The resulting plot is so frothily inconsequential it never even tries to distract us from the real story, which is the romance between Toretto and a conveniently amnesia-stricken Letty. If I have any genuine problem with this movie, it’s with the decision to drain the tension out of it by making Letty unable to remember her past. A plot where Letty knowingly abandons Dom to participate in a crime syndicate would have had real teeth. Instead, we have a setup for a reconciliation between the two that is both overly facile and completely ridiculous. Why would Toretto give up the (it must be said, considerably better-looking) Brazilian ex-cop who loves him to pursue someone who doesn’t even know his name? The brilliance of the first and (particularly) third movies was due in large part to their refusal to paper over issues like that. When Letty and Toretto have their big meeting, it’s spoiled by a “matching scars” speech that, again, is far too easy to be real.

The rest of the movie unfolds as you’d expect. There are fast cars, impossible stunts, feats of physical strength by Toretto and Hobbs. Brian O’Conner proves, as always, to be the best fighter of the group, winning a confrontation in prison with four buffed-out thugs and reliably knocking out various paramilitary types. The good guys win, with one casualty to make sure that the events of “Tokyo Nights” will happen after all. Finally, there’s a post-credits sequence to warp the time and event sequence of that aforementioned third film even further and introduce the next bad guy.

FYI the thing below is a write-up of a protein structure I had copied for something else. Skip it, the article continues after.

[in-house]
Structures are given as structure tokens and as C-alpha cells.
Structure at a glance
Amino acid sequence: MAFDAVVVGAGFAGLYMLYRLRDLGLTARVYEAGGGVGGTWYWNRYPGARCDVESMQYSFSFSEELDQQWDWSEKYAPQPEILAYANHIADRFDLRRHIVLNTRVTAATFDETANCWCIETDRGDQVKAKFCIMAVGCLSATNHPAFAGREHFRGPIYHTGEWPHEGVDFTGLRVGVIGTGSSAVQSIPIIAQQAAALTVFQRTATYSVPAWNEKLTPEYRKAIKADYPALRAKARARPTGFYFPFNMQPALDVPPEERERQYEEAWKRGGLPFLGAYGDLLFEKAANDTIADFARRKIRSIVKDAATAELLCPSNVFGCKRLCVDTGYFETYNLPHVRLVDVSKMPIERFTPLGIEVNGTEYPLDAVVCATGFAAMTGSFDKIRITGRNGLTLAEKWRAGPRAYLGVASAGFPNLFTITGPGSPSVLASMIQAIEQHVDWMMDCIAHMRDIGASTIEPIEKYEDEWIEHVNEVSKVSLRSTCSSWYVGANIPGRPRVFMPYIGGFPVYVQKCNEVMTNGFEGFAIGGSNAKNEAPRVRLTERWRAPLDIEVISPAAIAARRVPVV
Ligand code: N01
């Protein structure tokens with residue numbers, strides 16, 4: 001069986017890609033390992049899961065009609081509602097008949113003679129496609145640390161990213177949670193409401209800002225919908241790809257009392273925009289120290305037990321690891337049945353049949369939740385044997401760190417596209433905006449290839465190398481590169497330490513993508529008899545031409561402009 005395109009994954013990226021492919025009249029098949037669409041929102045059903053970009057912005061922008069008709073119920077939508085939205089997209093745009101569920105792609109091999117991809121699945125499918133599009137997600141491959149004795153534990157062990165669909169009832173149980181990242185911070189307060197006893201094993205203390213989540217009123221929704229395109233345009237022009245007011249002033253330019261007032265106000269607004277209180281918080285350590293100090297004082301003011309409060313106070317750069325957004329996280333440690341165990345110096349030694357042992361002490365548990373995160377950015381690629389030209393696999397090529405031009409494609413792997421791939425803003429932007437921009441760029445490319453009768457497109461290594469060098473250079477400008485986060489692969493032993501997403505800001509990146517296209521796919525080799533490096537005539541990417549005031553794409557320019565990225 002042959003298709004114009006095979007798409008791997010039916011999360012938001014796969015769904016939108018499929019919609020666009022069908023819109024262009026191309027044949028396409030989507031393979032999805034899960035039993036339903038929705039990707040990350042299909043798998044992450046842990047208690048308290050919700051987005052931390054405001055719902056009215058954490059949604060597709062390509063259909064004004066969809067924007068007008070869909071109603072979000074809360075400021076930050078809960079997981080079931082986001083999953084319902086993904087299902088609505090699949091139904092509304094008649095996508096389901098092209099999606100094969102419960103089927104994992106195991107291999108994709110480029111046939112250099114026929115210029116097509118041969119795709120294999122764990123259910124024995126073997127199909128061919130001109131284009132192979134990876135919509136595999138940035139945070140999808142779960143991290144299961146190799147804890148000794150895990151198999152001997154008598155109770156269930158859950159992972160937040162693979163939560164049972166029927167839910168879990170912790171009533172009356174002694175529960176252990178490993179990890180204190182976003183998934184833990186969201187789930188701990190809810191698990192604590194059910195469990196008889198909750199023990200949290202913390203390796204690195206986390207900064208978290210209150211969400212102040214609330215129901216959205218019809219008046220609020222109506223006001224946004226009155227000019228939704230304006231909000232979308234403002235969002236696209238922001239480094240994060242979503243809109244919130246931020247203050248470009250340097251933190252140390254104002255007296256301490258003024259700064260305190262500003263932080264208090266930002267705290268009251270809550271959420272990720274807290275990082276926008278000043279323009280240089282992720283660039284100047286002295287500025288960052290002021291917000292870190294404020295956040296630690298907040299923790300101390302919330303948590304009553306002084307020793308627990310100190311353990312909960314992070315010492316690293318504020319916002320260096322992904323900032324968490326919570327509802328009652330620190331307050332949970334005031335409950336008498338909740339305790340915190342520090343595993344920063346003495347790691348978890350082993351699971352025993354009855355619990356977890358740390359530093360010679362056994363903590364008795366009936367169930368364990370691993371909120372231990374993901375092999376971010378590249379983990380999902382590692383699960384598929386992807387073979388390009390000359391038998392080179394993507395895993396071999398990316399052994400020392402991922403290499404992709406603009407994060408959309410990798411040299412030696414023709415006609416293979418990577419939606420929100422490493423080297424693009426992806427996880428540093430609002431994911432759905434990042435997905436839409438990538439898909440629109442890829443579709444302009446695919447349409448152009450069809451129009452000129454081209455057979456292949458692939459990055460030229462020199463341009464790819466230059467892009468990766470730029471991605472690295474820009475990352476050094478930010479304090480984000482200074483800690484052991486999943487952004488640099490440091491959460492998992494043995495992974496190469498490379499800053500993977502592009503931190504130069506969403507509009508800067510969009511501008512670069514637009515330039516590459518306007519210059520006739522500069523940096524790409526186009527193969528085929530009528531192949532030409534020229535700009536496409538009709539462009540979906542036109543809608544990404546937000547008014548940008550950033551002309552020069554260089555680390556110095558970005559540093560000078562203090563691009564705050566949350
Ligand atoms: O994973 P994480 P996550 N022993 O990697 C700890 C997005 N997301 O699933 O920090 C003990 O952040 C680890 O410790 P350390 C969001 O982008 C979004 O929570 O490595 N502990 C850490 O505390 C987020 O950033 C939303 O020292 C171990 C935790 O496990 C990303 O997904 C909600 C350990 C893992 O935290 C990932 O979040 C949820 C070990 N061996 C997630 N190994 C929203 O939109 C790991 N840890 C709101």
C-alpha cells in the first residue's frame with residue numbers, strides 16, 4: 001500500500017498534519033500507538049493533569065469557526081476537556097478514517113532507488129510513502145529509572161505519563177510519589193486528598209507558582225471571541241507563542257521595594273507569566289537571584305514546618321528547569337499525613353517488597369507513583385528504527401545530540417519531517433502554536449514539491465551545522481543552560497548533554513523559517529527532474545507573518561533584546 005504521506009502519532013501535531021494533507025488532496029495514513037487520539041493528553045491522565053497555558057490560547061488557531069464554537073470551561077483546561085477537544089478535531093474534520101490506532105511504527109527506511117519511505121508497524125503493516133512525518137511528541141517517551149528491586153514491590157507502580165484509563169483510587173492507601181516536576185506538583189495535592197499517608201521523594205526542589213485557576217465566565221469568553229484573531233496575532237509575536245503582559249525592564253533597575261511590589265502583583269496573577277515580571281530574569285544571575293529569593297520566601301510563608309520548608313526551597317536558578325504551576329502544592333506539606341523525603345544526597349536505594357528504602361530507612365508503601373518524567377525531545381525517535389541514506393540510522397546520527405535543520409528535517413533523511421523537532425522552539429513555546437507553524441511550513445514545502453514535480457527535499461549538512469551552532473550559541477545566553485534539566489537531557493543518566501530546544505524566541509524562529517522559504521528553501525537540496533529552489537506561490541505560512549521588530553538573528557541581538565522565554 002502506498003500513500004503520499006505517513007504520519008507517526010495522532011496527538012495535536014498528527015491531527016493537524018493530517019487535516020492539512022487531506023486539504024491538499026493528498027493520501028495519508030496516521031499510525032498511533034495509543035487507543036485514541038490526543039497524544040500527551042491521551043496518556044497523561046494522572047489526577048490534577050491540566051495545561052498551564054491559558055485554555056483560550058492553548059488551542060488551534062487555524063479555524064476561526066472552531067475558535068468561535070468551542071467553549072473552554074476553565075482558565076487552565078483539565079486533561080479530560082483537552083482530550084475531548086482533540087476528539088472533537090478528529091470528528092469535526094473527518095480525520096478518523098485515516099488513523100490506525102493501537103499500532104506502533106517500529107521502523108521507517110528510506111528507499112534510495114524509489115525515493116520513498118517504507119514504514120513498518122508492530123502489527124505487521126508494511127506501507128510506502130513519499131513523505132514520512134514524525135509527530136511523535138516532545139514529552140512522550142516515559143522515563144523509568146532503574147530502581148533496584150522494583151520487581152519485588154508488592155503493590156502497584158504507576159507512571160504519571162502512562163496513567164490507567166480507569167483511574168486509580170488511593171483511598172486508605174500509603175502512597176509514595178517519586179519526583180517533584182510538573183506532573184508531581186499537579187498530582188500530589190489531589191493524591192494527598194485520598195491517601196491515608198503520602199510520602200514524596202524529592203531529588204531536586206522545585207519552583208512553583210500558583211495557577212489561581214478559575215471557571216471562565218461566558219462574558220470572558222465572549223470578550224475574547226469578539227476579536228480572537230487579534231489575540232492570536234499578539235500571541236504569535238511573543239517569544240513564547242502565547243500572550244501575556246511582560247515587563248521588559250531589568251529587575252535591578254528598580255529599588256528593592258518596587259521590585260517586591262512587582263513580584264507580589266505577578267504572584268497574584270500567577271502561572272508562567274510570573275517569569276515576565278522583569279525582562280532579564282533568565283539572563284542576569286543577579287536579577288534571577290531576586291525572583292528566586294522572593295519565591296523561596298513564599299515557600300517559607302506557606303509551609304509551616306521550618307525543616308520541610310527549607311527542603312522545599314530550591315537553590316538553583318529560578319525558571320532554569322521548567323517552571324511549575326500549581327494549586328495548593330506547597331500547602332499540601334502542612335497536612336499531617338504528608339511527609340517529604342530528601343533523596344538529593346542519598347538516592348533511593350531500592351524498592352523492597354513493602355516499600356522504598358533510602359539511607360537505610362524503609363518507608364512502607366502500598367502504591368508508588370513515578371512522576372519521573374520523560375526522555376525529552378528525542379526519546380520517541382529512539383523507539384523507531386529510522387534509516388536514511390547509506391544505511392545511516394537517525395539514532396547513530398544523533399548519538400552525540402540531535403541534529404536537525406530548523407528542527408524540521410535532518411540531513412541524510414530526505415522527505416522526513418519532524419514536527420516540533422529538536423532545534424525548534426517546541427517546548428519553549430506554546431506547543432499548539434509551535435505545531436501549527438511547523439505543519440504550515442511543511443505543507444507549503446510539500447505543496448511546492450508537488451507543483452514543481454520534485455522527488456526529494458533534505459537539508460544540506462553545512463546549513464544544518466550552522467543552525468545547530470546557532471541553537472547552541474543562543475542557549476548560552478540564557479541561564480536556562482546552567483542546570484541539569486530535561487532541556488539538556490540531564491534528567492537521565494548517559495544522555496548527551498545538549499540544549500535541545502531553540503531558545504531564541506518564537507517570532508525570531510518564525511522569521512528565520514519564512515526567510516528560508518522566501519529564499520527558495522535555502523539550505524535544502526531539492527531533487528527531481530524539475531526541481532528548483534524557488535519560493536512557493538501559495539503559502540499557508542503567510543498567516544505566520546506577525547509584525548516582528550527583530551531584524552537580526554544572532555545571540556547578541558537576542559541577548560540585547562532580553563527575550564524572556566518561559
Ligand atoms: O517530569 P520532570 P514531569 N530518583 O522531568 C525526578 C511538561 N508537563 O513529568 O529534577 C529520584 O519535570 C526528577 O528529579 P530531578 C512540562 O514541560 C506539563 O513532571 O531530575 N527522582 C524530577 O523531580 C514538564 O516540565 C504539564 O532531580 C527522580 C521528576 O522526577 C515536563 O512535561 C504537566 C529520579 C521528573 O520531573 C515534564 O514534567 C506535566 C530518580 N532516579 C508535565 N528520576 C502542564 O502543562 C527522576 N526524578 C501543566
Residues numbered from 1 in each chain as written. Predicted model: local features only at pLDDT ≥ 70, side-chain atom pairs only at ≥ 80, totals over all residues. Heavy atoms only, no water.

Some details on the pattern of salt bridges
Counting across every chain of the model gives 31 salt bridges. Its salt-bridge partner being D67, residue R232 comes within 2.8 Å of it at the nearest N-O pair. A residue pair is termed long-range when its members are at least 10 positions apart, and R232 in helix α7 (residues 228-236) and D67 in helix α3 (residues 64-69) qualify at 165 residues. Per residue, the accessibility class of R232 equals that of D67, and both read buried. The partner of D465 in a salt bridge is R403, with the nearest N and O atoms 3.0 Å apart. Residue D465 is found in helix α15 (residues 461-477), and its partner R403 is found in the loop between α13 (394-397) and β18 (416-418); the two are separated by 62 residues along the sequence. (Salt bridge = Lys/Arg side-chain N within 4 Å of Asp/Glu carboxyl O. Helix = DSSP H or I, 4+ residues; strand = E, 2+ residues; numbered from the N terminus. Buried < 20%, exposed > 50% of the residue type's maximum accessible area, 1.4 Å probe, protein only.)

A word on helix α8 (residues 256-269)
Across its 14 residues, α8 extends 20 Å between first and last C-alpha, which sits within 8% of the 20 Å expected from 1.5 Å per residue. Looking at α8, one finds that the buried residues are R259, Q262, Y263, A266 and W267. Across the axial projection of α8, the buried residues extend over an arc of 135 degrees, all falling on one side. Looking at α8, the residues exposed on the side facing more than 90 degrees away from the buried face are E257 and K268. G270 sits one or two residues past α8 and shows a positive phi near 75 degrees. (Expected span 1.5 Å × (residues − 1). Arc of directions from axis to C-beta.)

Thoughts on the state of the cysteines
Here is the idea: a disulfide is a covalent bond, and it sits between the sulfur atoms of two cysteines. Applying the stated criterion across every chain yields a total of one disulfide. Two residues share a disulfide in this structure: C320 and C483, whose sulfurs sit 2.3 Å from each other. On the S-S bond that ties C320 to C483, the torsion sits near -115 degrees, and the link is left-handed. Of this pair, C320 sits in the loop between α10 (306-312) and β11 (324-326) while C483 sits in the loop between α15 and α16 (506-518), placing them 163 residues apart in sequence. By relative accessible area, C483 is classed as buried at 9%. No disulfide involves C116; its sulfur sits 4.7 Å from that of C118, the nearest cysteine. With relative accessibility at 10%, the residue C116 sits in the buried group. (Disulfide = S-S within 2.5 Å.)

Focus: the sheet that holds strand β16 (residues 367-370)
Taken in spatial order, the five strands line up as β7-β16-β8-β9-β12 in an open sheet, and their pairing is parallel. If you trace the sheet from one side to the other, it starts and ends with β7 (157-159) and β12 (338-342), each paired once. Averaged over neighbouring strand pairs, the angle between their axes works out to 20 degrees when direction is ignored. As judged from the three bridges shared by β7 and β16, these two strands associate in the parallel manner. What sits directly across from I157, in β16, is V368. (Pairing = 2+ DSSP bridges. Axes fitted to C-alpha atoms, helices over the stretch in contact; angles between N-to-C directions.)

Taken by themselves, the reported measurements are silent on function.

Every single plot point in the movie is suspect and the suspension of disbelief required to enjoy the action sequences verges on Baja-truck strength but it’s not really important because the series now explicitly exists in the fantasy universe. The protagonists exhibit superhuman strength, endurance, and perception. The bad guys are too powerful to be real. Road & Track’s Alex Nunez compared the series in a comment to “the Marvel Universe” and that’s spot on. This is a place where runways are twenty-eight miles long and people repeatedly fall thirty feel on concrete or metal without a scratch. Driving maneuvers of impossible precision are commonplace. Every victim of the mayhem is guilty or complicit in some way. There is no city in the globe that does not play host to a nightly street-racing festival chock-full of gorgeous women and gleaming tuner cars. Guns, computer systems, and complicated Rube Goldberg hydraulic mechanisms are available at a moment’s notice. Nobody is ever seen working out, performing any automotive maintenance beyond tightening a bolt, or reading an instruction manual. It’s comic-book fantasy, plain and simple, right down to the expected fanservice we get from every female character.